On Black Women As Birth Of A Nation's Scapegoats, And Why Roland Martin Needs To Delete His Twitter

Ben Jackson/Getty Images for SiriusXM
Ben Jackson/Getty Images for SiriusXM

At the time of writing, BOAN (an acronym for Birth of a Nation) is trending. Not because of the film itself. Or even directly because of the controversy surrounding Nate Parker — its star, director, executive producer, and head writer.


But because it performed below most expectations, which is being blamed on Black women collectively — Black feminists, particularly — whose criticism of Parker both dampened enthusiasm for supporting the movie and may have even influenced how it was critically received.

Which is both true and bullshit. Bullshit marinated in a "y'all got to be the dumbest motherfucka who ever lived" rub and dipped in a "shut the fuck up" pate. And both the truth behind and the abject bullshit attached to this claim can by synopsized by a back and forth between TVOne's Roland Martin and The Root's Yesha Callahan Monday about a piece Callahan wrote about BOAN's opening weekend.

From "Birth of a Flop: Nat Turner Biopic Fails to Live Up To Its Hype"

The historically inaccurate biopic about Nat Turner failed to bring in the big numbers that Fox Searchlight was expecting after the company paid $17,000,000 to distribute the film. The movie, which opened over the weekend, only took in an estimated $7.1 million and came in 6th place. Could it be that the low numbers were due to the controversy surrounding Parker’s rape allegations from 1999? Possibly so. It seems as though Parker became a liability for his own movie. No matter how many interviews he did, not only did he come off arrogant and rude, but also lacked remorse when discussing that night in 1999. Even his own co-stars couldn’t save the movie. Gabrielle Union, a rape survivor, penned a poignant post about her own sexual assault, but urged others to see the movie.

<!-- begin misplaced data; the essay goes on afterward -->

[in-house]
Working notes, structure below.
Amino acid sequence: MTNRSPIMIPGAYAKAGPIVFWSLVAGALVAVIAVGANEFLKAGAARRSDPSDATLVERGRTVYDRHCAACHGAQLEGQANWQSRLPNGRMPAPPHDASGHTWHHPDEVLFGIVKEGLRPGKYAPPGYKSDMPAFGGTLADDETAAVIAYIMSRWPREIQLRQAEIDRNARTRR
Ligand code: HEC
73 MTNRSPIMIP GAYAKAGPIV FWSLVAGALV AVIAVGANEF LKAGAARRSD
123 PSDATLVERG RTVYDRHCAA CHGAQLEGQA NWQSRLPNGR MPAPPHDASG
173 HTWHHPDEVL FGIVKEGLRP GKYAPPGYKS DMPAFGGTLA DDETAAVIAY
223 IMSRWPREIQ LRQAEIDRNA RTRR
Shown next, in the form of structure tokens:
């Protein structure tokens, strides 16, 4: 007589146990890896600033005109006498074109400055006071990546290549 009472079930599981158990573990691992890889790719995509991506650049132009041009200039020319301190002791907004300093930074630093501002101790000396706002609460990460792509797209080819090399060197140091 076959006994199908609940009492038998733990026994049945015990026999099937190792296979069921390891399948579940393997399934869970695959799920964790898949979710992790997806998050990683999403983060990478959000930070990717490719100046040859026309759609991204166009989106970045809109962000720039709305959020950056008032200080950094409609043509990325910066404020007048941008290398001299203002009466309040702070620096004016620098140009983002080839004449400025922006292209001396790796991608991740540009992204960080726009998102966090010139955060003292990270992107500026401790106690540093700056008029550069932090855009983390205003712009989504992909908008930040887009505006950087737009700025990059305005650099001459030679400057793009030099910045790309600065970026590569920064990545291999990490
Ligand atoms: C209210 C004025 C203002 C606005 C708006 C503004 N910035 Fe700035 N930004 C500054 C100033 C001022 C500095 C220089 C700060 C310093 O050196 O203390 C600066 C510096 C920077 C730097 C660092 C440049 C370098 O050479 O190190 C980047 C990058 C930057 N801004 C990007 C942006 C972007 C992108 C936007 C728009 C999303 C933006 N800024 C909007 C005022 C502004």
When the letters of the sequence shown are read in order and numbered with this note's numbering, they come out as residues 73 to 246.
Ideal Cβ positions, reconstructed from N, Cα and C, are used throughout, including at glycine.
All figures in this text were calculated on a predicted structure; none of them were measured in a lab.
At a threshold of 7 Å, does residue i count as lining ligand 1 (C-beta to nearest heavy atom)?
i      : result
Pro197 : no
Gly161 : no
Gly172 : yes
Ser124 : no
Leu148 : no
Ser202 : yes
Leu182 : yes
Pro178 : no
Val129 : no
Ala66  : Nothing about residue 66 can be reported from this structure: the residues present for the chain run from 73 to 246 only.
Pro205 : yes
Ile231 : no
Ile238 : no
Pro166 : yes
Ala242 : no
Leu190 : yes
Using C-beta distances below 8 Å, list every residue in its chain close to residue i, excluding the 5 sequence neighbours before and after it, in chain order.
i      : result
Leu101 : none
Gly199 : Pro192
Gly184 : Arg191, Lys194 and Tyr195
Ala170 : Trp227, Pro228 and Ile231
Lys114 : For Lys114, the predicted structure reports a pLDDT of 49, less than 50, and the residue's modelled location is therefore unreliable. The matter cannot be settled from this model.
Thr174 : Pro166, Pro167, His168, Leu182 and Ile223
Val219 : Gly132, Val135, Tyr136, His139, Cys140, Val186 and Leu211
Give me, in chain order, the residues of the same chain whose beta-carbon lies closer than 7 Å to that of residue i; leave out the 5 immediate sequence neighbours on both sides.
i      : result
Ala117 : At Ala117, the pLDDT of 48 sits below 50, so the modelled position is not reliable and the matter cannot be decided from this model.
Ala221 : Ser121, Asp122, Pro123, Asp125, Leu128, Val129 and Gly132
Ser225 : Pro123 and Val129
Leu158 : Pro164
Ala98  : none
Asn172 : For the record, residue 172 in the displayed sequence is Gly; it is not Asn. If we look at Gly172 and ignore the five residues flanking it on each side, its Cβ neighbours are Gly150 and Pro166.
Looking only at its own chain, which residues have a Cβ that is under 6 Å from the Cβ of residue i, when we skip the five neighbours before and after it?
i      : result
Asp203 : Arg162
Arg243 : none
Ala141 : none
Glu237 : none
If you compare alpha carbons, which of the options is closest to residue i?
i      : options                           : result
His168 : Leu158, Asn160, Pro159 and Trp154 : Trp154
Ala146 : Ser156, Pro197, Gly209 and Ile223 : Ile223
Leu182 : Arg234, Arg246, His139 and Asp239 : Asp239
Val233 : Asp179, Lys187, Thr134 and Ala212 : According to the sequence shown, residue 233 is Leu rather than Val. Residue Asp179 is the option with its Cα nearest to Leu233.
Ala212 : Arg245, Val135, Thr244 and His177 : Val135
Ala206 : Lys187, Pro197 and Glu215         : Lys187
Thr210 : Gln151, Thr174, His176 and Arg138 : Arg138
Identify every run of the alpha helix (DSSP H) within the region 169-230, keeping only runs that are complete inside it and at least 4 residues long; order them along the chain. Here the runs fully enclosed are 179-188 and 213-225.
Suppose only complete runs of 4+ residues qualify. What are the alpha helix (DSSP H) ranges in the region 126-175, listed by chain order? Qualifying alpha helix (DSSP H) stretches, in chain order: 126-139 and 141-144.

When the reviews came rolling in about the film, it was hard to find a positive one. From the historical inaccuracies, to the role black women played in the movie, it was true to some that it was a flawed endeavor.

Now, it is very clear from this write up that Yesha wasn't particularly unhappy that BOAN underwhelmed. But there's nothing she said here that's even remotely untrue.

It was panned for being historically inaccurate — and with historical inaccuracies that were unnecessary and egregious. Considering the money Fox Searchlight put up for BOAN and put into promoting it, they surely did expect a better weekend. Not Avatar or Jurassic Park numbers, of course, but better than $7.1 million. The spotlight on and discussion about Parker's 17-year-old rape allegations definitely didn't help matters. And, when people — including Gabrielle Union and Oprah (Oprah!!!!!) — tried to help him out, his series of increasingly tone deaf interviews weren't just train wrecks. They were train wrecks that grew sentient and searched for new trains and fresh tracks to crash again. It was train wreck bukkake. And most of the reviews from professional critics at national platforms (The New Yorker, The New York Times, The Washington Post, Slate, RogerEbert.com, etc) found it to be fair to middling. Not a terrible movie. But definitely not something worthy of any type of award recognition.